Fixed-income rates seem to be languishing in low single-digit ranges so fund managers are drumming up ideas to keep investors confident in the sector.

Loomis, Sayles & Co., based in Boston, is the latest to do so. The company, which manages funds for institutional and mutual fund clients, launched the Loomis Sayles Absolute Strategies fund (LSYX). The fund takes a global absolute return-oriented fixed-income strategy. It is designed to be an all-weather product for investors looking for consistent returns through all market conditions, the company announced last Wednesday.

Loomis launched the fund in response to interest rates that have been falling for some time, and are expected to decline further, Matthew Eagan, a co-manager of Loomis Sayles’ Multisector Bond funds, said in a phone call on Wednesday. Those investing conditions made it hard for institutional and mutual fund investors alike to reach their return hurdles, Eagan said.

“We had to get away from benchmark investing, the core aggregate,” he said. “We asked: ‘How can we make money and not be concerned with significant constraints, and not be tied to an unfavorable benchmark?’”

The answer, as Eagan and the funds two other co-managers see it, is to set absolute return goals of 6% to 7%, or 2% to 4% basis points over the London Interbank Offered Rate (Libor), whichever is greater. The Libor now yields just 0.78%, so now would be a good time to seek returns of 4% over that benchmark.

“The idea there is that is an attractive all-in return,” Eagan said. Along with co-managers Kevin Kearns, a senior derivatives strategist and Todd Vandam, a senior credit strategist, Eagan says he will pursue a range of securities, including government, sovereign, corporate, currencies, securitized assets and derivatives.

Traditional securitized asset groups like commercial mortgage-backed securities and residential mortgage-backed securities are attractive because issuers with decent fundamentals are still available as value investments. They had been abandoned along with the more risky collateralized-debt obligations, according to Eagan.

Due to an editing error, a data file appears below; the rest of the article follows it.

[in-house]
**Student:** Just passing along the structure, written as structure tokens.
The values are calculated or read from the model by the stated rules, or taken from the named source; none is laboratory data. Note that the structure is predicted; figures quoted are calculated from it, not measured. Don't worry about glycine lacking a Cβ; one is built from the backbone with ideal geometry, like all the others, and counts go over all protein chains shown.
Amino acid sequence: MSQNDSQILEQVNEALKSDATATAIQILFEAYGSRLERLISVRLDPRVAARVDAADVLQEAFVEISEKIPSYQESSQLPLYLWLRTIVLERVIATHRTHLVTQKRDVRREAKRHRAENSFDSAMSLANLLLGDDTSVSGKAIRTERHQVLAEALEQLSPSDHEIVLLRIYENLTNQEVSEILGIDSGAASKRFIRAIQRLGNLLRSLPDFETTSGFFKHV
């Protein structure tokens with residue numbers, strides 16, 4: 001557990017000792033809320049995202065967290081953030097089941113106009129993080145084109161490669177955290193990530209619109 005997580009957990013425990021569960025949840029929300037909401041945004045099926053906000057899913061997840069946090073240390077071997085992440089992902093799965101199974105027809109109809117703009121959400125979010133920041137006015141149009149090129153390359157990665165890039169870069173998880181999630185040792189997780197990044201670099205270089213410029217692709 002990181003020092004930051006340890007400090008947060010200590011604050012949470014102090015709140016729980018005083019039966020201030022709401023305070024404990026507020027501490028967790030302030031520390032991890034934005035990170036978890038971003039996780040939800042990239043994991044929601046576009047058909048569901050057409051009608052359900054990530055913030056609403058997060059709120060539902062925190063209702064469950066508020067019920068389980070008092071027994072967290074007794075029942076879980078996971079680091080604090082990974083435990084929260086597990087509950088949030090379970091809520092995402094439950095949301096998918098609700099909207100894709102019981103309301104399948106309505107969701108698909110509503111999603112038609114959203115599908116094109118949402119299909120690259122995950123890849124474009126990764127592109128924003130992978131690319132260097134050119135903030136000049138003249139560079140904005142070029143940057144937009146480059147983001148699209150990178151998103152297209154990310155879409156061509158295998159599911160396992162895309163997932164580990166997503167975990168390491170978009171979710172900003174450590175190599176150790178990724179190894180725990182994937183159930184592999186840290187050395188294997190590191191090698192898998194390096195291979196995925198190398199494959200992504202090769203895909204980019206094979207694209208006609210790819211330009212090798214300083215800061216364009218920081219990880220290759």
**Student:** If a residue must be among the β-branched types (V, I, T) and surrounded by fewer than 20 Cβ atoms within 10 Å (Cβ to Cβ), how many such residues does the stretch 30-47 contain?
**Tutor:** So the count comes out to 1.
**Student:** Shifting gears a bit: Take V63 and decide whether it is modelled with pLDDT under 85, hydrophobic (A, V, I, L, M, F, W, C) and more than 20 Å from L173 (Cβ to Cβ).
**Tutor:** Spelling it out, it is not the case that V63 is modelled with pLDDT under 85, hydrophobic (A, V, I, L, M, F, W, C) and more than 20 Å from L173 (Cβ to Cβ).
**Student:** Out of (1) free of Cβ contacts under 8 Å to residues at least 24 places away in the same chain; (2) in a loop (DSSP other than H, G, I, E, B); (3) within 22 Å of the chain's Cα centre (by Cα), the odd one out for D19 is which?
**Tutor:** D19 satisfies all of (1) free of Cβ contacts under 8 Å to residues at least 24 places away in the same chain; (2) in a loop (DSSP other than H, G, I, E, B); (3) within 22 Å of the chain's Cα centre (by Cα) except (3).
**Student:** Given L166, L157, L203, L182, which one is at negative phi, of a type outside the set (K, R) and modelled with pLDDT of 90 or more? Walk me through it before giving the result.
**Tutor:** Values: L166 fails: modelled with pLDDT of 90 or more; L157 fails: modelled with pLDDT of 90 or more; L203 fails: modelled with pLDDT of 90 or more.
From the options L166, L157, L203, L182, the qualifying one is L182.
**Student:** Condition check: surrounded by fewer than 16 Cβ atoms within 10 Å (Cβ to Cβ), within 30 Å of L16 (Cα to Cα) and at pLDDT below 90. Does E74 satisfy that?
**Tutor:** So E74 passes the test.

Elsewhere, economies like China represent resilient opportunities in both the emerging market and currency categories. Although economic growth in China is expected to cool from its red-hot pace, the country is still expected to maintain high single-digit growth in 2011. On the currency side, the dollar will generally decrease against rising economies like China, whose currency investments are currently below their actual value. Also, the Chinese employment market is beginning to tighten up, meaning wages will have to accelerate eventually.

Coincidentally, Loomis, Sayles launched the fund just as fixed-income investors seemed to make a sharp reversal in their outlook for the sector. The Investment Company Institute reported on Wednesday that U.S. bond funds had $8.62 billion in withdrawals for the week ended Dec., 15, up from $1.66 billion the week before. Those withdrawals represent the largest since the week ended Oct. 15, 2008, when investors pulled about $17.6 billion from bond funds, according to press reports.

Clearly, though, Loomis Sayles is not going to pay heed to the weekly ups and downs of bond market activity with this fund. 

“We’ve been working on this strategy for five years now,” Eagan said. “It gets away from benchmark looks to make money as more volatility is coming down the line.”